There are few experiences quite like getting a new motorcycle. The child-like glee and excitement surrounding all the possibilities and fun you are going to have with it swirl through the mind. "Will I get a new exhaust? Where should I ride to first?" These are just some of the thoughts of a new motorcyclist.
Although this is an exciting and new undertaking, new riders frequently make rookie-level mistakes that can put themselves, their bikes, and other motorists at risk. Whether it be wearing poor riding gear or testing the limits of the bike on public roads, said amateur riders are bound to commit at least one. With this in mind, here are ten mistakes that just about every new motorcyclist makes.
When you first begin riding, the turn signal may seem pointless for such a small vehicle. However, it is still very important in daily traffic and ensuring the safety of the rider. If you neglect your responsibility to signal when you are changing lanes, you can be held accountable in the same fashion 4-wheeled drivers are.
Not only does it risk individual safety and well-being, but those around you as well. There is a reason why bikes need these to be on the road, so use them.
This particular issue boils down to either laziness or forgetfulness. Each is fairly excusable under normal circumstances, but leaving the kickstand down can cause some damage. Having the stand down limits the rider's ability to properly shift and, as a result, could result in a crash.
Leaving the kickstand down could also wear away at the metal if exposed to the ground for a prolonged period of time and (again) could result in an easily avoidable accident.
A lot of bikes on the market (Excluding some Hondas and high-end motorcycles) do not give detailed mileage readings on fuel. Rather, they simply display a classic style gauge showing non-specific increments like a quarter or a half of a tank.
Improper understanding of your bike's fuel level could lead to refilling when there's still plenty of gas, or worse, like running out of gas on a busy highway. It's better to be safe than sorry, though, so make sure you don't lose track.
Learning to ride a bike is difficult enough, and taking on a passenger certainly doesn't help the matter. Too many times inexperienced riders will want to show off their 'shiny new toy' to everyone and offer rides when they themselves still have some learning to do.
The problem can be easily remedied, though. Just build a firm basis and understanding of both the bike and your own capabilities before attempting to have a passenger join along.
This is arguably one of the worst and most dangerous things any rider can do, regardless of their level of experience or knowledge. Buying cheap gear or simply wearing none at all won't affect traffic around you, but it will definitely risk the rider's own safety.
Some fatal crashes could have been avoided if the rider had been wearing the proper gear and maintaining a safe speed, so it is best to consider putting on something that will ensure you can return to ride again.
Clumsiness and accidents plague everyone. Sometimes, they manifest in mistakes like forgetting to downshift. On a bike, it's especially easy to do. That being said, it's nearly the same case for every manual transmission vehicle in the beginning.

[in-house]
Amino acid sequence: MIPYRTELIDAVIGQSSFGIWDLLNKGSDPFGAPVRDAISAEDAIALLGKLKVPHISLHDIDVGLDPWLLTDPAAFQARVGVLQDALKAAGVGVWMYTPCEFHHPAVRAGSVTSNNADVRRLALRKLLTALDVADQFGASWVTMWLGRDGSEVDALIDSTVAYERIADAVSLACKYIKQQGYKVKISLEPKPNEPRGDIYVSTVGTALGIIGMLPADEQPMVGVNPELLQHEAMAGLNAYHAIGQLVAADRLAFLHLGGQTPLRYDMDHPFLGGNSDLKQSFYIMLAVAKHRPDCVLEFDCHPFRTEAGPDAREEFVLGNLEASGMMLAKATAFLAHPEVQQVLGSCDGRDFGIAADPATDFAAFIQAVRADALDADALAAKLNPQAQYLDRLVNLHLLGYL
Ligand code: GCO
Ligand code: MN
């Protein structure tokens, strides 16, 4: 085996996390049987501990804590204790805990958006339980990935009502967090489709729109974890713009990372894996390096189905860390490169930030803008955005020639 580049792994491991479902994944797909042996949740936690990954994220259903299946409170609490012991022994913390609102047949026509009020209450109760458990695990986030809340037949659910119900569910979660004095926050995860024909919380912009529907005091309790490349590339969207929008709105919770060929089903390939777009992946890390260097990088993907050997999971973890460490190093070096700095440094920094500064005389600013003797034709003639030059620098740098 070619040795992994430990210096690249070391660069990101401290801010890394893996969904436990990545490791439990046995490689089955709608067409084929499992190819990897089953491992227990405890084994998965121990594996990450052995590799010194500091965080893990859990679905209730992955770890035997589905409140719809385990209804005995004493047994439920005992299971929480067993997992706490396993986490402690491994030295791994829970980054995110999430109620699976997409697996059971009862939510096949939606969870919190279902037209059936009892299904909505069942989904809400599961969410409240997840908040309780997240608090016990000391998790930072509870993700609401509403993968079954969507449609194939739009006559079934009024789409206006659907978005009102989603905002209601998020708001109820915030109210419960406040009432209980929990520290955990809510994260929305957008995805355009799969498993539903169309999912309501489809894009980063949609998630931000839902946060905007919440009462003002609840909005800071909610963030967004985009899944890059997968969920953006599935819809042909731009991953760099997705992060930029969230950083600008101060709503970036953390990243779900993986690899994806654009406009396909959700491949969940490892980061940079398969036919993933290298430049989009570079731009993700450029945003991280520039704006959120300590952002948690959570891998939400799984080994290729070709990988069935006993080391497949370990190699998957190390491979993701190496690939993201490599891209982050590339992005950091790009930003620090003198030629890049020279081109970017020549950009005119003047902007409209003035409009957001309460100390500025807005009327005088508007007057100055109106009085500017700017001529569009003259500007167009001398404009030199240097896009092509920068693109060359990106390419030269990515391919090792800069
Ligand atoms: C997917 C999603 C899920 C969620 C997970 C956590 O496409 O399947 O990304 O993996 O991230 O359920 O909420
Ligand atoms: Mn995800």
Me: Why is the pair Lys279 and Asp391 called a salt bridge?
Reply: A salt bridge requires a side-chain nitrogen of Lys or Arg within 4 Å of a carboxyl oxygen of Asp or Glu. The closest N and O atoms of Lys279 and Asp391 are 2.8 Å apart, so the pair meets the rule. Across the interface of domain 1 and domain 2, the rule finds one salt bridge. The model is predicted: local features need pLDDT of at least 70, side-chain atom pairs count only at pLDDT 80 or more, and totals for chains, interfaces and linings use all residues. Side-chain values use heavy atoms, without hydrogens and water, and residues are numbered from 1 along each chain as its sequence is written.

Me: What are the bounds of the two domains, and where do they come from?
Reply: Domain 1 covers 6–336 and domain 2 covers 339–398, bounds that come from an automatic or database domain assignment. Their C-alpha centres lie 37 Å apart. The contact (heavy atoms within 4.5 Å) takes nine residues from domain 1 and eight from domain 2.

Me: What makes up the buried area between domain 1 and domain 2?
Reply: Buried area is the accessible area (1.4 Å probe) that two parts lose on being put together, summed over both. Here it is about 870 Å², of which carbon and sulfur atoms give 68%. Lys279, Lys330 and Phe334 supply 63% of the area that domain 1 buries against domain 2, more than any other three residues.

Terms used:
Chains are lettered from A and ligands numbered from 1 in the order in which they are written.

When you pull in the clutch and coast to a stop, changing gears can slip the mind easily. Doing so can cause transmission issues (if done frequently enough) and even lead to the next mistake: Stalling.
As mentioned previously, failing to properly change gears (whether it be going up or down) can lead to stalling. This is a mistake that plagues even the most experienced riders along with the newbies.
Stalling doesn't really effect the health of the motorcycle, but can significantly embarrass the rider who releases the clutch too early. With this fault comes traffic issues too, since a stalled bike sitting at a red light will surely result in some unhappy motorists. The best way to avoid this inevitability is to practice "stop and go" techniques and try not to get overwhelmed at a busy intersection.
With the purchase of a new bike comes a degree of unwarranted confidence. When a new rider first acquires their motorcycle, it can be very tempting to bypass traffic and slip between lanes to get to the destination faster.
However, this is illegal in many states (exceptions include California). Not only that, but it puts the rider and other drivers at great risk. All that needs to happen is a fast lane change or an unaware driver merging the wrong direction ever so slightly and the rider could have their life cut short.
Similar to lane splitting, not leaving enough room may not seem like as big of an issue as it really is. Learning the dimensions of your latest bike can be hard, especially when navigating through heavy congestion.
Not leaving the proper amount of space between yourself and fellow drivers can result in some unwanted circumstances. Specifically, dings in the paint, scratches, falls, or even a serious crash.
This mistake is by far the most tempting and deadly one that can be committed. Purchasing a brand new motorcycle is certainly thrilling due to its challenging nature and high-speed capabilities, although these same things end up being the death of a significant number of riders.
Testing the limits of your bike is best reserved for race tracks and fully-kitted-out riders who have experience and skill, not rookies who want an adrenaline rush. Always keep an eye on your throttle inputs and speedometer or risk becoming another statistic.